Would you say that if you go down that road, can you build a business like that? Meaning where a business is systems and other people where eventually you have a business that runs itself or runs it with the people in the processes you’ve put in place. It seems like with real estate, like you’re saying, I have to solve the seller’s problem right then and there. So it almost sounds like you need at those higher level people, you can’t just get the McDonald’s line worker that’s there or the robot or AI or something like that. That’s

Speaker 1 (20:33):

The challenge that I’ve run into. And I feel like conceptually it can be done, but then in psychology we have something called channel factors, these little things that get in the way of what sounds good on paper. And that’s usually where the human element comes in because I have staff of 180 people in my agency and I’ve learned little tricks to managing them. For example, this is going to sound weird, I don’t do company meetings because I just meet with them as I need to. I do spend a lot of time with them upfront, maybe a few hours, and then I never talk to them again except to tell them when a job has come in. And if they need more than that, they’re probably not a good fit. And I don’t do group meetings because I’ve had them all group up against me in the past to raise wages, basically wanting to unionize whenever my clients can’t afford that.

(21:27):

And I said, I’ll let the whole company burn down before I let you extort me in this way. And I did. And I did it privately. I didn’t tell anyone. I didn’t go public about it, but I just stopped the company for six months and just traveled. And it’s like I have plenty of money. And then they were suffering. And then once I was done traveling, they were like, Jen, please, please, I’ll come back. So who would think that there’s a human variable of needing to stop people from organizing against you, or it’s like Adam Johnson says, you have to make sure that you’re always in the way of a deal in order to get it done. So that’s why you can’t fully replace yourself for the most part unless you sell the company, is because at some point somewhere you need to add value. And yes, you can have an integrator, and yes, you can have a CEO, and yes, you can have a CFO, et cetera, but if you notice even in a C class corporation, you still have shareholders.

(22:24):

The shareholders are still in the way in some way because they own a part of the company. So no matter what, you have to make sure that you’re in the way of other people just taking over completely what you do and just pushing you out. And so that is the challenge. That’s where replacing, that’s what no one talks about. Everyone wants to sell these sexy business models where you’re just on the beach or whatever, but at some point you have to put yourself between yourself and someone else to make sure you’re still adding value or you’re just going to get pushed out. So another example is, I mean, you can just live like my older gentleman, friends who just own a bunch of mutual funds and they don’t manage anything. They just collect checks from the dividends, but you have to have millions in order to achieve that.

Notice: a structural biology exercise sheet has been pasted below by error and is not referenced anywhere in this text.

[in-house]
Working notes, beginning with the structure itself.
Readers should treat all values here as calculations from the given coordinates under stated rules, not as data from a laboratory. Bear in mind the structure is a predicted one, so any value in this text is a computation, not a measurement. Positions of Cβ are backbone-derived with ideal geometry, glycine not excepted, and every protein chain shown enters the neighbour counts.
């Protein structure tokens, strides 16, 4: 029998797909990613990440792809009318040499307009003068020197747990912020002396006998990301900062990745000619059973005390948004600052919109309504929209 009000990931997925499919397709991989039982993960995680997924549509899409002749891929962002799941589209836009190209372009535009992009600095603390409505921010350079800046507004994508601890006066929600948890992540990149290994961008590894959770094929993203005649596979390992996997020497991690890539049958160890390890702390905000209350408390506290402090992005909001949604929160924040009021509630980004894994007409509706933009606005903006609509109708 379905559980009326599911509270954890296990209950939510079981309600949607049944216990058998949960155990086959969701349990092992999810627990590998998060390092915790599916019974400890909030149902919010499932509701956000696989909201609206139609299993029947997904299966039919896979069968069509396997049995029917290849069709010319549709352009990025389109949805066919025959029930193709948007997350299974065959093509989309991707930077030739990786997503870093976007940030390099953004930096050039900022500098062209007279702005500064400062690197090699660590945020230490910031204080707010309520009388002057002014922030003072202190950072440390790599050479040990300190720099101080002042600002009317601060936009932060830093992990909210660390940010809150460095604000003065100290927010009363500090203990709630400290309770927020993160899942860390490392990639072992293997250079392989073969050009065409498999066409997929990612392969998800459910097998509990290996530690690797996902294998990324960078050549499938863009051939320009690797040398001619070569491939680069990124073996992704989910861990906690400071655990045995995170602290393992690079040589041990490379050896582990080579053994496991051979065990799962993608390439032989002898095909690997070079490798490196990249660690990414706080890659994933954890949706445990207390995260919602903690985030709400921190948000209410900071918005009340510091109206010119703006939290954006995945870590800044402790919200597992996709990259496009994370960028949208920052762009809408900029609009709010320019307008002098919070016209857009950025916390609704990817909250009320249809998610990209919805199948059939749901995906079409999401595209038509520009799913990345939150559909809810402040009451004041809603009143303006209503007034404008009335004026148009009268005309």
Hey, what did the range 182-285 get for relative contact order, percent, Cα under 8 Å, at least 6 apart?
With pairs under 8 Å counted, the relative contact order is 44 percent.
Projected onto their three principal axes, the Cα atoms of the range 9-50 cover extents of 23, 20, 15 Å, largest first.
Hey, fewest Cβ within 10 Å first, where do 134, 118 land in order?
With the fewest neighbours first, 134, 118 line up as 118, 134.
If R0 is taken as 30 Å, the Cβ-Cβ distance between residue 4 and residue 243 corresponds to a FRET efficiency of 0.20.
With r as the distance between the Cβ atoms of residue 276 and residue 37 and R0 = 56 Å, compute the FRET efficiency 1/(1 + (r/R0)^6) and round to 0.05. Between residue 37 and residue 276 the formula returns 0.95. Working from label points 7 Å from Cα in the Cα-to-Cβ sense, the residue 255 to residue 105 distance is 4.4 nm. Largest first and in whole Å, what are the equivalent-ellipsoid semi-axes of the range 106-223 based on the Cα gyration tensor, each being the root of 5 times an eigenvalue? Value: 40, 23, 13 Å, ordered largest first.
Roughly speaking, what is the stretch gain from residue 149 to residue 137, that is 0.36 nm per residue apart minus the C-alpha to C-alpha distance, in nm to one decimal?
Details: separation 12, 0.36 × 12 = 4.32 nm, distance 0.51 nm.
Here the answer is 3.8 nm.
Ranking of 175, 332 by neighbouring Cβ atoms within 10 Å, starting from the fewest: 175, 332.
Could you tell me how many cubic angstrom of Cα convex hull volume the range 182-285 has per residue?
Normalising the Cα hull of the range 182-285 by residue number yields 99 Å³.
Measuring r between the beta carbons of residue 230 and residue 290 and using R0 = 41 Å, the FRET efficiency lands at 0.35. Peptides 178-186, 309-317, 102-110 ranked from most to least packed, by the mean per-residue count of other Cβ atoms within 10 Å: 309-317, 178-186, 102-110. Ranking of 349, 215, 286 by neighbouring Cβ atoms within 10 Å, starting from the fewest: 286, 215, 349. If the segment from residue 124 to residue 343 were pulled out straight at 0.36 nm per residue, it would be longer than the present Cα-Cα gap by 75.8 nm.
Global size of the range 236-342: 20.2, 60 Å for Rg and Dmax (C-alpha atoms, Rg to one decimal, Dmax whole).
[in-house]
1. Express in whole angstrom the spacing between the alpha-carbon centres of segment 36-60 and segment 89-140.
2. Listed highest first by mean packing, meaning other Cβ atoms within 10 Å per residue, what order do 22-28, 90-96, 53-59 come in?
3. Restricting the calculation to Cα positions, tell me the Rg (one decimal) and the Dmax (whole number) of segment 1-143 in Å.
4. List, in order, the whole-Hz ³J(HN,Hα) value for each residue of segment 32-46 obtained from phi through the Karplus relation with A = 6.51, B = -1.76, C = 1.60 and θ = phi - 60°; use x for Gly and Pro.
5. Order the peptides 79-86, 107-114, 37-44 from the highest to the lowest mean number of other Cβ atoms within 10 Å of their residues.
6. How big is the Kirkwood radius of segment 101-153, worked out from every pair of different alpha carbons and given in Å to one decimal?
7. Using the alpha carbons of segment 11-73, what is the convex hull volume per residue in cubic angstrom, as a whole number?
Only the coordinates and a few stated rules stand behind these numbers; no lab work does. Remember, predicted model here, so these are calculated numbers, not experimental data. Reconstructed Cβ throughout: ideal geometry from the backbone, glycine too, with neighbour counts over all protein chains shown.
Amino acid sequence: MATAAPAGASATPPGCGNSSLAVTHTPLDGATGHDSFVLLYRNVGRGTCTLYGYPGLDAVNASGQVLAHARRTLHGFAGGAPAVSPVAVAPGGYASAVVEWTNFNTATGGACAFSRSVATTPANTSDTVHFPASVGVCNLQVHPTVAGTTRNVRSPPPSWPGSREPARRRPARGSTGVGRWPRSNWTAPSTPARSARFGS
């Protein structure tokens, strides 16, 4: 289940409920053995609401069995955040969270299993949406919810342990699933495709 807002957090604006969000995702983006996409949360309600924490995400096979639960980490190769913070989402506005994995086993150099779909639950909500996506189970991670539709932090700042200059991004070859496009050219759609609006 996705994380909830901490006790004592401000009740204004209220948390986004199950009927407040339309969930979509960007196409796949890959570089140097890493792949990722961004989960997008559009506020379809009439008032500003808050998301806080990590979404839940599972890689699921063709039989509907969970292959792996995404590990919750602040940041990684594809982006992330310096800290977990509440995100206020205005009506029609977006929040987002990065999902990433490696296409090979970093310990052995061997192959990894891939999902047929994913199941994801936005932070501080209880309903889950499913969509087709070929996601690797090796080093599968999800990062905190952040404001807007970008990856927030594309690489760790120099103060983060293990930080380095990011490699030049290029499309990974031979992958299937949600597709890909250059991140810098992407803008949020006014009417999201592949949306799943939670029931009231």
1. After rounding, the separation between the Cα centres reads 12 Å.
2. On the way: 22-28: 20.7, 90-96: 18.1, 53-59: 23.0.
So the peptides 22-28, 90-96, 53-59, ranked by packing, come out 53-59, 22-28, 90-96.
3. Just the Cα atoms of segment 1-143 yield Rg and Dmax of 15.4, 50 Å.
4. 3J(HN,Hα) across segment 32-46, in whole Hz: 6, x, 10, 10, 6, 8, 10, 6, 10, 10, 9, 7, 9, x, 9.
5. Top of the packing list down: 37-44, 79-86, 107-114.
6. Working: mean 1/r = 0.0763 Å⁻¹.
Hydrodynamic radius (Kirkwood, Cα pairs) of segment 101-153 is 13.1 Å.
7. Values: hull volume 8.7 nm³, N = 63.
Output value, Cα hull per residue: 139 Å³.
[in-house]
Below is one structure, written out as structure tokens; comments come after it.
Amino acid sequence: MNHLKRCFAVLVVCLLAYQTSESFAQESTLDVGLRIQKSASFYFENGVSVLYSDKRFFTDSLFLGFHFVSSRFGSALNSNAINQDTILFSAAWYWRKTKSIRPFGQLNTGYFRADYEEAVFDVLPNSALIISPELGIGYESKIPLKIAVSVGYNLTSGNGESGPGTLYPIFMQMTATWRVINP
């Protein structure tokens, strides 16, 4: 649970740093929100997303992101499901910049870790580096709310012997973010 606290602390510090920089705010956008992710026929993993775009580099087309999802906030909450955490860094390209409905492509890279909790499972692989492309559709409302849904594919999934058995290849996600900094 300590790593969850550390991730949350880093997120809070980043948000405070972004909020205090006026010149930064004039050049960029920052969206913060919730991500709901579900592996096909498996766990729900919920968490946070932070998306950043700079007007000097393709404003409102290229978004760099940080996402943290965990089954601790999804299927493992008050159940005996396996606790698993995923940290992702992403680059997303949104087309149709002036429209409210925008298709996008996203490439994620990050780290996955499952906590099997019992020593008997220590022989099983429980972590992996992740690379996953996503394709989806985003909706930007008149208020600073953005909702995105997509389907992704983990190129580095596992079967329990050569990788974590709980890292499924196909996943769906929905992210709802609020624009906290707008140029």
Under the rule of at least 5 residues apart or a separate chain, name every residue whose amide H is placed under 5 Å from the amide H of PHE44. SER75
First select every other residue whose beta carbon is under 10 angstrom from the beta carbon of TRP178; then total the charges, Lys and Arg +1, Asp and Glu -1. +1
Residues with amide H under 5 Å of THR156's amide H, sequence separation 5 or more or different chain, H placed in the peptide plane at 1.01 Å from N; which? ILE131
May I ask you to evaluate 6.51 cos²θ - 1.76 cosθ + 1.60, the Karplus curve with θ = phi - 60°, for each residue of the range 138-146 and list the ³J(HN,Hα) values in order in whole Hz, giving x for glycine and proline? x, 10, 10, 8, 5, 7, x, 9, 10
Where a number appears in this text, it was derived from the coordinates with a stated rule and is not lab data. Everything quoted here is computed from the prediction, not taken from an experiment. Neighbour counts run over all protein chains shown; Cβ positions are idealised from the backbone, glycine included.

(23:17):

Lemme tell you, those are the people who have the most passive income that I’ve seen, and I know this is an REI podcast, but what’s great about real estate is you can start with a relatively small amount of money and then with appreciation, leverage that into millions, and then you can become the mutual fund, the note owner or your kids can get your portfolio, but it’s not as passive as just having your mutual fund dividends come in and as know the stock market goes up and down where rents typically, there’s not as much fluctuation in rents as there is in the stock market. And so all that being said, going back to what you asked, whenever you’re managing staff, there’s just going to be all these psychological factors that are not going to present themselves on paper with your staff is always the biggest challenge in running a company.

(24:11):

And so that’s why I don’t do company meetings because that’s whenever people get together, and pardon my language, I think it’s a poignant word. They start bitching and then that causes morale issues. All it takes is one person to start griping and then morale goes way down. And I don’t care how well you run your company, I don’t care if you are like you have in the background, I don’t care if you’re Mr. Rogers, as soon as someone starts griping and it takes hold, it’s game over. This doesn’t work if you run a brick and mortar business. But I have doctor friends, for example. They run brick and mortar businesses, and one of my doctor’s friends two weeks ago, his entire staff just walked out. They’ve been with them for 20 years and they couldn’t have organized like that if you keep them separate. If you’re running a virtual business, that’s one of the benefits is you can manage your staff. And I tell you, that has made my income extremely passive.

(25:09):

So if you take nothing else away from this by keeping my staff separated, I have generated true passive income for myself because all I do is bring the jobs, bring the clients, they work the clients, and then they do a good job and then I’m out. The only thing I have to do is keep bringing in new clients because there is always going to be some small amount of attrition no matter how good of a job you do for various reasons. So yeah, if you have a virtual business, keep your staff separate and that way they’re not coming together. And it’s amazing how peaceful things are. I have no drama. I have no complaints. I’ve known go well. so-and-so did this, and so-and-so said this, and so-and-so gets paid this and I want to get paid this. It’s like I have literally zero drama in my agency with my staff now, and that has just been amazing.